It’s been busy around here! I learned how to make amazing chocolate pudding, a necessity in my opinion. I won’t be sharing the recipe since I wrote it and a few changes on a scrap of paper, but didn’t credit the original source. Just believe me when I tell you it’s heavenly!
Yesterday, I canned my first batch of corn. It took me most of the day since I had to work around naps and meals and train track building. And I was nervous about using a pressure cooker all by myself. As luck would have it when I placed a paniced phone call to my friend about how to close the lid, she was a few blocks away and dropped by to walk me through the process until I got the cooker up to the right pressure. Even after her help, I was still paranoid about the steam, so I did let the cooker cool down to a far lower temperature than was strictly necessary. However, in the end, I had 20 neatly packed pints of corn to add to the shelves in my store room.
Since the pressure cooker heated up my kitchen as much as it did, I went ahead and made a batch of Michael Symon’s spicy ketchup. I didn’t read the directions right and wound up doubling it, so I tried canning it in a hot water bath. I’m excited to open those little jars, but need to remember to buy some reusable lids for my small jars since I only have wide mouth jar lids. The small lids will come in handy when I start cracking open my jams, too!
And while I was at it, I went ahead and made a batch of bagels. I love these bagels so much. I’ve played around a little with the flavors, but I just keep coming back to the plain ones. If you like a bagel with a hard crust on it, you’ll want to do an egg wash before you bake them, but I don’t. These are so easy for Liam to eat and we go through a batch a few days.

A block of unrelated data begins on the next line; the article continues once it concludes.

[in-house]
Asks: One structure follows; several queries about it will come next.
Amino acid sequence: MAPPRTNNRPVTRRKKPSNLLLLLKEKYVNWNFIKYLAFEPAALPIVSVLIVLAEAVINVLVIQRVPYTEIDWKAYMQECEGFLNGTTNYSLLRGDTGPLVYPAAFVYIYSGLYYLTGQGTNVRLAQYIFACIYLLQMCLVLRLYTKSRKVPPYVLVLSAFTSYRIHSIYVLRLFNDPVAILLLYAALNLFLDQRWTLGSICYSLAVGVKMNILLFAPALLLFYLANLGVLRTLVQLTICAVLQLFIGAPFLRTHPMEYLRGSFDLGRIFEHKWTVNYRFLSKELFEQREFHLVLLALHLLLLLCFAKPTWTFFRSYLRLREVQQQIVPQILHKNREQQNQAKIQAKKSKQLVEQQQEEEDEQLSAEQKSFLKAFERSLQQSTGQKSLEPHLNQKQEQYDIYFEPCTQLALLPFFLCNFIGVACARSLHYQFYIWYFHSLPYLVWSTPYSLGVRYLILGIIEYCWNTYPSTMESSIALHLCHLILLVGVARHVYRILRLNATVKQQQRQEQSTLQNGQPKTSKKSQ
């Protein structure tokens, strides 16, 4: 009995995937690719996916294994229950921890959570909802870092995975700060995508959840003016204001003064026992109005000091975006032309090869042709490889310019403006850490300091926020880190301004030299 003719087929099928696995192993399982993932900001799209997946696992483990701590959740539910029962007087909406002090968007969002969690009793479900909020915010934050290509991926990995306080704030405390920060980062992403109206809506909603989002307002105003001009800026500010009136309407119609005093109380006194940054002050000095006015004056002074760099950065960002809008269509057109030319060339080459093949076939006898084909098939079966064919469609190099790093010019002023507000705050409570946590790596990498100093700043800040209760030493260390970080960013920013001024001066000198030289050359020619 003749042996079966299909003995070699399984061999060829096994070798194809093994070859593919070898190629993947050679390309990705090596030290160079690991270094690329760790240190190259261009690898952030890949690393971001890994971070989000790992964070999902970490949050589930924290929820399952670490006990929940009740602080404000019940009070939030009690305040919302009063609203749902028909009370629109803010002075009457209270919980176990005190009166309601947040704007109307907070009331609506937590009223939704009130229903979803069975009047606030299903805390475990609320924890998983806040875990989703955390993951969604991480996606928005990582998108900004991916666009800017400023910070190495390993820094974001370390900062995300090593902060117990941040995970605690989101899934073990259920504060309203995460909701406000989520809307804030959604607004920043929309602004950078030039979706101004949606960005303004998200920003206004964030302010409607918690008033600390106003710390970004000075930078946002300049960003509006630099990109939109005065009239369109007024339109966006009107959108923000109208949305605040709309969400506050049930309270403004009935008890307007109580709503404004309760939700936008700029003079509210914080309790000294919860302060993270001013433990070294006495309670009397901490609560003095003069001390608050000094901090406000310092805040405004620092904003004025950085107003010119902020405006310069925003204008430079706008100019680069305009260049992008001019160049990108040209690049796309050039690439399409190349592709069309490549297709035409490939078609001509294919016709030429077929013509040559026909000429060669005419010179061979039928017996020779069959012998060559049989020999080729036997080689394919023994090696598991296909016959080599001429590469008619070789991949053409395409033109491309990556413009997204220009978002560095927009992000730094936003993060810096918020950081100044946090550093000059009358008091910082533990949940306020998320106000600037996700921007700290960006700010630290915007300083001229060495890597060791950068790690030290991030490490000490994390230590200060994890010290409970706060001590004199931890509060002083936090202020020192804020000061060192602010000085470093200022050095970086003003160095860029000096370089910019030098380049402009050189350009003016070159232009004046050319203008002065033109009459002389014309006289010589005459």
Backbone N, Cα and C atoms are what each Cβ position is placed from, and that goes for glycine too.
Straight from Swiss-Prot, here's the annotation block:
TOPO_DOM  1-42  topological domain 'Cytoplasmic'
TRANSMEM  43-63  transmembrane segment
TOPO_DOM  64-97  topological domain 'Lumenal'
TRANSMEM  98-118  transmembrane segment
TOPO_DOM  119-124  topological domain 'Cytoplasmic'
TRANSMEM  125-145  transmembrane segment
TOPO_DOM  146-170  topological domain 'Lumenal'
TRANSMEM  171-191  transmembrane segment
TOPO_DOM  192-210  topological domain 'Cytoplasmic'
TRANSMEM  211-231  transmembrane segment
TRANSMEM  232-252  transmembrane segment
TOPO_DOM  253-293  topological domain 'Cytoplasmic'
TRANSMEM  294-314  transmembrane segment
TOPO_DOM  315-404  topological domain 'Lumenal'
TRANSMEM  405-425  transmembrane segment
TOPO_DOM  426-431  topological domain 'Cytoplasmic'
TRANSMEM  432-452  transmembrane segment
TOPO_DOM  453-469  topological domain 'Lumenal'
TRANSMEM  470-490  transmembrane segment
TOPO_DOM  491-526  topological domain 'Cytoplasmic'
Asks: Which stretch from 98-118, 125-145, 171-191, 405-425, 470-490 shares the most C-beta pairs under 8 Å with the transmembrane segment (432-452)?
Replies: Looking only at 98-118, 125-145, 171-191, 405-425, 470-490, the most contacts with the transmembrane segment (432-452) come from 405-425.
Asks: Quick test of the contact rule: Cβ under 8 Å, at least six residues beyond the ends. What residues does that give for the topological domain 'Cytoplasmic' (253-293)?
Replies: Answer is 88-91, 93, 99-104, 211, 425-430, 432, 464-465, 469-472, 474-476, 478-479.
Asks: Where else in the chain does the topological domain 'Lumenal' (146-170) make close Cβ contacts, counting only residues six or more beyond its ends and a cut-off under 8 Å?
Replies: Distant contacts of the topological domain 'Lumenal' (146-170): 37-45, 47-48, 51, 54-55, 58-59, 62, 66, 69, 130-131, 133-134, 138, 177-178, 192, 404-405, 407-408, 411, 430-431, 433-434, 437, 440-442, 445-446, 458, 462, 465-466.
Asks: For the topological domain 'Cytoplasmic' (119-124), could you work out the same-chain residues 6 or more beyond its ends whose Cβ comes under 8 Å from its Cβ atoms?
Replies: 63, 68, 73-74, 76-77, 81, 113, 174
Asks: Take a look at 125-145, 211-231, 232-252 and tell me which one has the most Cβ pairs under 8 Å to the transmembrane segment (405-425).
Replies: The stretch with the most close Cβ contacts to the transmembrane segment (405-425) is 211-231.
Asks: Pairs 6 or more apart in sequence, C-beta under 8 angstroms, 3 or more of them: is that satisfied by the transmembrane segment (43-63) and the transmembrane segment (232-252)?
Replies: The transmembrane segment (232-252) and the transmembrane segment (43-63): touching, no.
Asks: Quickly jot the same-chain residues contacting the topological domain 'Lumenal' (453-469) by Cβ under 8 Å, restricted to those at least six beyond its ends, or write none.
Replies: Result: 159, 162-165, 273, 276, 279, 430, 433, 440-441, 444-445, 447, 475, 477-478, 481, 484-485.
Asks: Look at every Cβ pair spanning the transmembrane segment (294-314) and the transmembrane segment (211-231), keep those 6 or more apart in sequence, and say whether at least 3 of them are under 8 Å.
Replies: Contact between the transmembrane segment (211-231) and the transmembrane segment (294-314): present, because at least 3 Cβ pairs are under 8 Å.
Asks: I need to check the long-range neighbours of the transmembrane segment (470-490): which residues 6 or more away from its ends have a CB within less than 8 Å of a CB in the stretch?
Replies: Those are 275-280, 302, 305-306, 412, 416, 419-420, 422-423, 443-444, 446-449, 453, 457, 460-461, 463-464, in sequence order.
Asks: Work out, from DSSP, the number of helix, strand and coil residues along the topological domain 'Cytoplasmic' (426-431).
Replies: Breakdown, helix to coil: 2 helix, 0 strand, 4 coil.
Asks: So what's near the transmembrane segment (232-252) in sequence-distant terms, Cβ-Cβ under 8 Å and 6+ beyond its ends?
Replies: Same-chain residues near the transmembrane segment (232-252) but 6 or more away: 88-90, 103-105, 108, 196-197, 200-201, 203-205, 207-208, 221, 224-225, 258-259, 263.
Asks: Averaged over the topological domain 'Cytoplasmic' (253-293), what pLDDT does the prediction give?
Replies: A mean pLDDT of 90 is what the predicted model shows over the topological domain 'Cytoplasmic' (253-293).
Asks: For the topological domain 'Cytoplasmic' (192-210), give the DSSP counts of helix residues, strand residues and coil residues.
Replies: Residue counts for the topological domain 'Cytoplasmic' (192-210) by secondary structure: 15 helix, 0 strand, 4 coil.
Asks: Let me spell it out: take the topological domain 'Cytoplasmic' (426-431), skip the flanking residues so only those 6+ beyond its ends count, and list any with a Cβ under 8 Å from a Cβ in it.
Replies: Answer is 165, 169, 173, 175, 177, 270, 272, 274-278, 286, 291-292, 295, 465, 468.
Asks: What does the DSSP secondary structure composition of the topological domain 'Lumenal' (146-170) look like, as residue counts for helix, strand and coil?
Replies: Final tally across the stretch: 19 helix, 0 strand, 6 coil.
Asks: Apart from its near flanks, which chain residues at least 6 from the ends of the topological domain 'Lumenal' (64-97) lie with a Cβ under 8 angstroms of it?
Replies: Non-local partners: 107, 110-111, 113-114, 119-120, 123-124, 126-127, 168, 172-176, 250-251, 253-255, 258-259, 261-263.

Simple Bread Machine Bagels
- 1 c. warm water
- 3 c. flour
- 2 Tbsp. white sugar
- 1 1/2 tsp. salt
- 2 1/4 tsp. yeast
- 3 Tbsp. brown sugar
Combine the first 5 ingredients in the pan of your bread maker and process on the dough cycle. (If you don’t have a bread maker, mix these ingredients well and knead for 10 minutes. Allow to rise for 1 hour.) Remove the dough from the pan and divide until 8-12 balls. Flatten each ball and poke a large hole in the center. Shape into the general bagel shape and place on a dry silpat. Cover and rise for 30-60 minutes.
Boil a pan of water and add the brown sugar to it. (The brown sugar can be interchanged with Malt Syrup if you’d like. It’s purpose is to give the bagels that nice golden color we’re all used to, so if you don’t want to add the sweetener, you don’t have to; the bagels will still be wonderful.) Boil each bagel for 1 minute, flipping halfway through. Drain them on a towel before placing them on a buttered baking sheet. Bake for 20 minutes at 375 degrees. Keep in an airtight container for up to 1 week… if they last that long!